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Occupational exposure to wood dust and risk of lung cancer: the ICARE study
  1. Mireille Matrat1,2,
  2. Loredana Radoï1,3,
  3. Joëlle Févotte4,
  4. Florence Guida1,
  5. Sylvie Cénée1,
  6. Diane Cyr5,6,
  7. Marie Sanchez1,
  8. Gwenn Menvielle7,
  9. Annie Schmaus5,6,
  10. Emilie Marrer8,
  11. Danièle Luce9,10,
  12. Isabelle Stücker1
  13. On behalf of the ICARE Study Group
    1. 1 Université Paris-Saclay, Université Paris-Sud, UVSQ, CESP, U1018, Equipe Epidemiologie des Cancers, Gènes et Environnement, INSERM, Villejuif, France
    2. 2 Faculty of Medicine IFR 10, University Paris-Est Créteil, Créteil, France
    3. 3 Faculty of Dental Surgery, University Paris Descartes, Paris, France
    4. 4 Unité Mixte de Recherche Epidémiologique et de Surveillance Transport Travail Environnement (UMRESTTE), Université Claude Bernard Lyon 1, Lyon, France
    5. 5 Population-Based Epidemiological Cohorts Unit (UMS 011) INSERM-UVSQ, INSERM, Villejuif, France
    6. 6 UMS 011, University of Versailles St-Quentin, Villejuif, France
    7. 7 Institut Pierre Louis d'Epidémiologie et de Santé Publique (IPLESP, UMR1136), Sorbonne Universités, INSERM, Paris, France
    8. 8 Registre des tumeurs du Haut Rhin, Centre Hospitalier de Mulhouse ARER 68, Mulhouse, France
    9. 9 UMRS 1085 IRSET, INSERM, Pointe-à-Pitre, France
    10. 10 Campus de Fouillole, University of Rennes 1, Pointe à Pitre, France
    1. Correspondence to Dr Mireille Matrat, Faculty of Medicine IFR 10, University Paris-Est Créteil, Créteil 94010, France; mireille.matrat{at}


    Objectives In a previous analysis of data from a French population-based case–control study (the Investigation of occupational and environmental CAuses of REspiratory cancers (ICARE) study), ‘having ever worked’ in wood-related occupations was associated with excess lung cancer risk after adjusting for smoking but not for occupational factors. The present study aimed to investigate the relationship between lung cancer risk and wood dust exposure after adjusting for occupational exposures.

    Methods Data were obtained from 2276 cases and 2780 controls on smoking habits and lifelong occupational history, using a standardised questionnaire with a job-specific questionnaire for wood dust exposure. Logistic regression models were used to calculate ORs and 95% CIs adjusted for age, area of residence, tobacco smoking, the number of job periods and exposure to silica, asbestos and diesel motor exhaust (DME).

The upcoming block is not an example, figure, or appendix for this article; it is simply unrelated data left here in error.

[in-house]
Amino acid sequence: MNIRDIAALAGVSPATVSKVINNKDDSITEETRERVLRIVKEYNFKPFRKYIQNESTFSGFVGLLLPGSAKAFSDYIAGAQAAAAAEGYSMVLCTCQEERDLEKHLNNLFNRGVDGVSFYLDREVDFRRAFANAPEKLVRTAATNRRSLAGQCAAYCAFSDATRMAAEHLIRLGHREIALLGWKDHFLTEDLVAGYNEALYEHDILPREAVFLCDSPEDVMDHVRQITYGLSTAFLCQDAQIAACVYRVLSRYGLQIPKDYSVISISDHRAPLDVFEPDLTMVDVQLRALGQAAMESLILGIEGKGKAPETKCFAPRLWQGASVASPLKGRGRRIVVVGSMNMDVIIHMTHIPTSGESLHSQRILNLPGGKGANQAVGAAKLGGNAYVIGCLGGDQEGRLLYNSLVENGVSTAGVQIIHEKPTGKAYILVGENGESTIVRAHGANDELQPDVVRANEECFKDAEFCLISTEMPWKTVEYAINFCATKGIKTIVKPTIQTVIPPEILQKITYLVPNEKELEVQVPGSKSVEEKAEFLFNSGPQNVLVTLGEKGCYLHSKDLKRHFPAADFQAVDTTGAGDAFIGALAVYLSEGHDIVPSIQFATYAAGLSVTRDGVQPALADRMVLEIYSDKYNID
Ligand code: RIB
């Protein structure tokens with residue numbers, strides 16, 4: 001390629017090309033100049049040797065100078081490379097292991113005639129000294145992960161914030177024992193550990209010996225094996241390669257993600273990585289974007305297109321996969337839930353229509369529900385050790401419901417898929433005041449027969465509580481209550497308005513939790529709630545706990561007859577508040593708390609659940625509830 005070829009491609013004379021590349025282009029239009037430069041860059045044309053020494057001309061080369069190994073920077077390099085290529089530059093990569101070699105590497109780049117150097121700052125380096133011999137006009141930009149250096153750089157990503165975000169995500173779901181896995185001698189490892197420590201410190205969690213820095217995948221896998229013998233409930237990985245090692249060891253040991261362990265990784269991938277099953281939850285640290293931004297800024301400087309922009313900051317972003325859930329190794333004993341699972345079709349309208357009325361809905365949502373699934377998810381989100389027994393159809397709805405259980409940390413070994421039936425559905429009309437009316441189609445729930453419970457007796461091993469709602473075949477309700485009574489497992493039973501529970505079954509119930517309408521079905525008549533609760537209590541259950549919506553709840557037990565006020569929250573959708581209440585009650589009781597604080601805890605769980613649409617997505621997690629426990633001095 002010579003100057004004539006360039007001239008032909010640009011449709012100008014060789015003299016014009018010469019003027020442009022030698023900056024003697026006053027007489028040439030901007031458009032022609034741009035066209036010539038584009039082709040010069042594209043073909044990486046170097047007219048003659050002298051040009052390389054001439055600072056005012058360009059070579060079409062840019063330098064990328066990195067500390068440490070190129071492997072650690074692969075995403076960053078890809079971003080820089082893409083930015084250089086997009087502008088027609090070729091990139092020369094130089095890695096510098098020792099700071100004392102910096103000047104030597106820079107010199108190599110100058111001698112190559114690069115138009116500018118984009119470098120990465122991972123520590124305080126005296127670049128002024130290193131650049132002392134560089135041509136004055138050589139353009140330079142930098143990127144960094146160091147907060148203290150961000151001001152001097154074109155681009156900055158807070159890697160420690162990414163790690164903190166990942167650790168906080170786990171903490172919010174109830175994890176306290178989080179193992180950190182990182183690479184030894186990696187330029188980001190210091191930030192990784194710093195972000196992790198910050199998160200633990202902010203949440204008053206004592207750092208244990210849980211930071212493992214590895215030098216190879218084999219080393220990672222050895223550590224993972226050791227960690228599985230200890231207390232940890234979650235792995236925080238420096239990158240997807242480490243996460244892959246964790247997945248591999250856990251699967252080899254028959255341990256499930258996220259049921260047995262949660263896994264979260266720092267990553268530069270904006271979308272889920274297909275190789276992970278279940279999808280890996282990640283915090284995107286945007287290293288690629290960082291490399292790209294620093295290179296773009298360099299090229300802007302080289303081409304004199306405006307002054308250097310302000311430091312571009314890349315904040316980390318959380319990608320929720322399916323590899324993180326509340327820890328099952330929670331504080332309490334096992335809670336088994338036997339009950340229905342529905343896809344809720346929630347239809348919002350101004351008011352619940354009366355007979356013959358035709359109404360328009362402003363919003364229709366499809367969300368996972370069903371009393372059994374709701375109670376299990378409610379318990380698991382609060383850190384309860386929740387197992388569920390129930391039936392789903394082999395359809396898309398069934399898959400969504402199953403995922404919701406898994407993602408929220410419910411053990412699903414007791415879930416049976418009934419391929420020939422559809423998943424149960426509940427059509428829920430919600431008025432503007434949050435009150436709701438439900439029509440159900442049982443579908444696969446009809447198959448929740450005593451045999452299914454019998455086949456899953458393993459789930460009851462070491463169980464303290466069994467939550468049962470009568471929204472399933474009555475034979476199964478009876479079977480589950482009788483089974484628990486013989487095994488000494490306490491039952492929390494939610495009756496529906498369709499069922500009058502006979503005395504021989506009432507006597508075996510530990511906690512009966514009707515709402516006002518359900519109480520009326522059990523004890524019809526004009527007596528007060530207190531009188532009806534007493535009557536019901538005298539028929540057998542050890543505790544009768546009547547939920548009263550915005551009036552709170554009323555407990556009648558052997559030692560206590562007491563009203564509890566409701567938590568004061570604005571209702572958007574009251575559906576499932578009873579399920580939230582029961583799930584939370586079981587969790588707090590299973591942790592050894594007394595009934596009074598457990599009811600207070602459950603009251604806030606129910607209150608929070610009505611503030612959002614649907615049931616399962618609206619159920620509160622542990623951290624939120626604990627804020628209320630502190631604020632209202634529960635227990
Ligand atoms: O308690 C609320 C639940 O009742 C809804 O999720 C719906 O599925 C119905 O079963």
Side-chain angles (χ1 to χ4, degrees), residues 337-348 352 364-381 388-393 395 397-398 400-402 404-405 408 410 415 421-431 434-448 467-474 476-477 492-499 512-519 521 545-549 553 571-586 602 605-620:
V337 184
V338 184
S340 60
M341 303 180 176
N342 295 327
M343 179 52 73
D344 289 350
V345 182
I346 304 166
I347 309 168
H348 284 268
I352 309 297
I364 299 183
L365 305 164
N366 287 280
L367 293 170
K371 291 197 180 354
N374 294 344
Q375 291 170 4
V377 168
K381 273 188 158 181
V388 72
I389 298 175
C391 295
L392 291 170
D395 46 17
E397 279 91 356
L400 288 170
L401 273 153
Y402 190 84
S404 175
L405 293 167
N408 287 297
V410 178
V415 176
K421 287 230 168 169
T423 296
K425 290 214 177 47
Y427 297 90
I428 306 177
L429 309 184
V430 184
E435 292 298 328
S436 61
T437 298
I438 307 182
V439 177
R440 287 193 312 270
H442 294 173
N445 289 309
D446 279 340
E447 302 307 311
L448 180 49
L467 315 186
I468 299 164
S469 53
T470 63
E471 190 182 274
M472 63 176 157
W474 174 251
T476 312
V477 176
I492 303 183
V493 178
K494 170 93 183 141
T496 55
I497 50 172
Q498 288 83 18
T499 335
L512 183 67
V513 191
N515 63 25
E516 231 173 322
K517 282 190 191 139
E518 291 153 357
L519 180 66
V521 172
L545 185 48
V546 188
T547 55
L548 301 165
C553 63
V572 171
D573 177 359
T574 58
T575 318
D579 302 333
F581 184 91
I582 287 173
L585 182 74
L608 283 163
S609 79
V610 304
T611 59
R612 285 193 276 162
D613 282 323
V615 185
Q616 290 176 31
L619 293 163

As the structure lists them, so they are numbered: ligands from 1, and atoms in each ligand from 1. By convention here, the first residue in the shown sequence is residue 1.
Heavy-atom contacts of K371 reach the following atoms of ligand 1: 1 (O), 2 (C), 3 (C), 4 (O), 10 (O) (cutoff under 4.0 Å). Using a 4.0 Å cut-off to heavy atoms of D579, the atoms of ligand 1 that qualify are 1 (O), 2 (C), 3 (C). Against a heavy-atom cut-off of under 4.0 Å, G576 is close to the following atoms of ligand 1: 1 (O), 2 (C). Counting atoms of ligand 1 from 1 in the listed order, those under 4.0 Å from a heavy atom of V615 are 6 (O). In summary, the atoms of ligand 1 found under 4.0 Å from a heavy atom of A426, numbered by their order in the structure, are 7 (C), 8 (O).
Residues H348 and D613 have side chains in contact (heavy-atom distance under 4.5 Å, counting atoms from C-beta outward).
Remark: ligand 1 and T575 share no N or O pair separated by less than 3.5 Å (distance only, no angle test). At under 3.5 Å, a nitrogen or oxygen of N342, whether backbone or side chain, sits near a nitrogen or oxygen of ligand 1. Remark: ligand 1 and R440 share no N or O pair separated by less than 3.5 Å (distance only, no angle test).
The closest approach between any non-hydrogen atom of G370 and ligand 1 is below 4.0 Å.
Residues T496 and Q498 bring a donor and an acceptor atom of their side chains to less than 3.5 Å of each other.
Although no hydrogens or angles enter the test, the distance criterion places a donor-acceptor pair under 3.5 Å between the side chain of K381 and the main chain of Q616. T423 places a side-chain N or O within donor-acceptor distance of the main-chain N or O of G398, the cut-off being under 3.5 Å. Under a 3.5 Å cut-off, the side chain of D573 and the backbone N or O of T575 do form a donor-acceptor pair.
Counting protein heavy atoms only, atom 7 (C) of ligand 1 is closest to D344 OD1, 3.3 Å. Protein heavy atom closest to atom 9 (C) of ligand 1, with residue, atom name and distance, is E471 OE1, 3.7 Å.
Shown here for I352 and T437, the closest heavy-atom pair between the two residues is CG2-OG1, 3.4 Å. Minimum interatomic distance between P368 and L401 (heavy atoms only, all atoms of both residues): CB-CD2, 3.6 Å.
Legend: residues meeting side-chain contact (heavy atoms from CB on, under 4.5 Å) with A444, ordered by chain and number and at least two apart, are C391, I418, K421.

Results No significant association was found between lung cancer and wood dust exposure after adjustment for smoking, asbestos, silica and DME exposures. The risk of lung cancer was slightly increased among those who were exposed to wood dust more than 10 years, and had over 40 years since the first exposure.

    Conclusion Our findings do not provide a strong support to the hypothesis that wood dust exposure is a risk factor for lung cancer. This study showed the importance of taking into account smoking and occupational coexposures in studies on lung cancer and wood dust exposure. Further studies evaluating the level and frequency of exposure during various tasks in woodwork are needed.

    • Wood dust
    • Asbestos
    • Lung cancer
    • Case-control study
    • Epidemiology

    Statistics from


    • Collaborators Members of ICARE study: Anne-Valérie Guizard (Registre des cancers du Calvados, France); Arlette Danzon, Anne-Sophie Woronoff (Registre des cancers du Doubs et du Territoire de Belfort, France); Velten Michel (Registre des cancers du Bas-Rhin, France); Antoine Buemi, Émilie Marrer (Registre des cancers du Haut-Rhin, France); Brigitte Tretarre (Registre des cancers de l’Hérault, France); Marc Colonna, Patricia Delafosse (Registre des cancers de l’Isère, France); Paolo Bercelli, Florence Molinie (Registre des cancers de Loire-Atlantique-Vendée, France); Simona Bara (Registre des cancers de la Manche, France); Bénédicte Lapotre-Ledoux, Nicole Raverdy (Registre des cancers de la Somme, France); Oumar Gaye, Farida Lamkarkach (Inserm, Centre for Research in Epidemiology and Population Health (CESP), U1018, Environmental Epidemiology of Cancer Team, F-94807, Villejuif, France), Corinne Pilorget (Institut national de Veille Sanitaire (InVS), 94410 Saint-Maurice, France).

    • Contributors MM: statistical analysis, results, drafting. LR: help for results and drafting. JF: questionnaires. FG: creation of the asbestos task-exposure matrix, data management. SC, DC, MS, AS: data management. GM: re-reading. EM: histological analysis. DL: design of the study, help for results and drafting. IS: design of the study.

    • Funding This work was supported by the French Agency of Health Security (ANSES), the Foundation of France, the French National Research Agency (ANR), the National Institute of Cancer (INCA), the Foundation of Medical Research (FRM), the French Institute for Public Health Survey (InVS), the Health Ministry (DGS), the Agency for Research on Cancer (ARC), and the French Ministry of Work, Solidarity and Public Function (DGT).

    • Competing interests None declared.

    • Patient consent for publication Not required.

    • Ethics approval The study was approved by the Institutional Review Board of the French National Institute of Health and Medical Research (IRB-INSERM, No 01-036) and by the French Data Protection Authority (CNIL No 90120).

    • Provenance and peer review Not commissioned; externally peer reviewed.

    • Data availability statement All data relevant to the study are included in the article.

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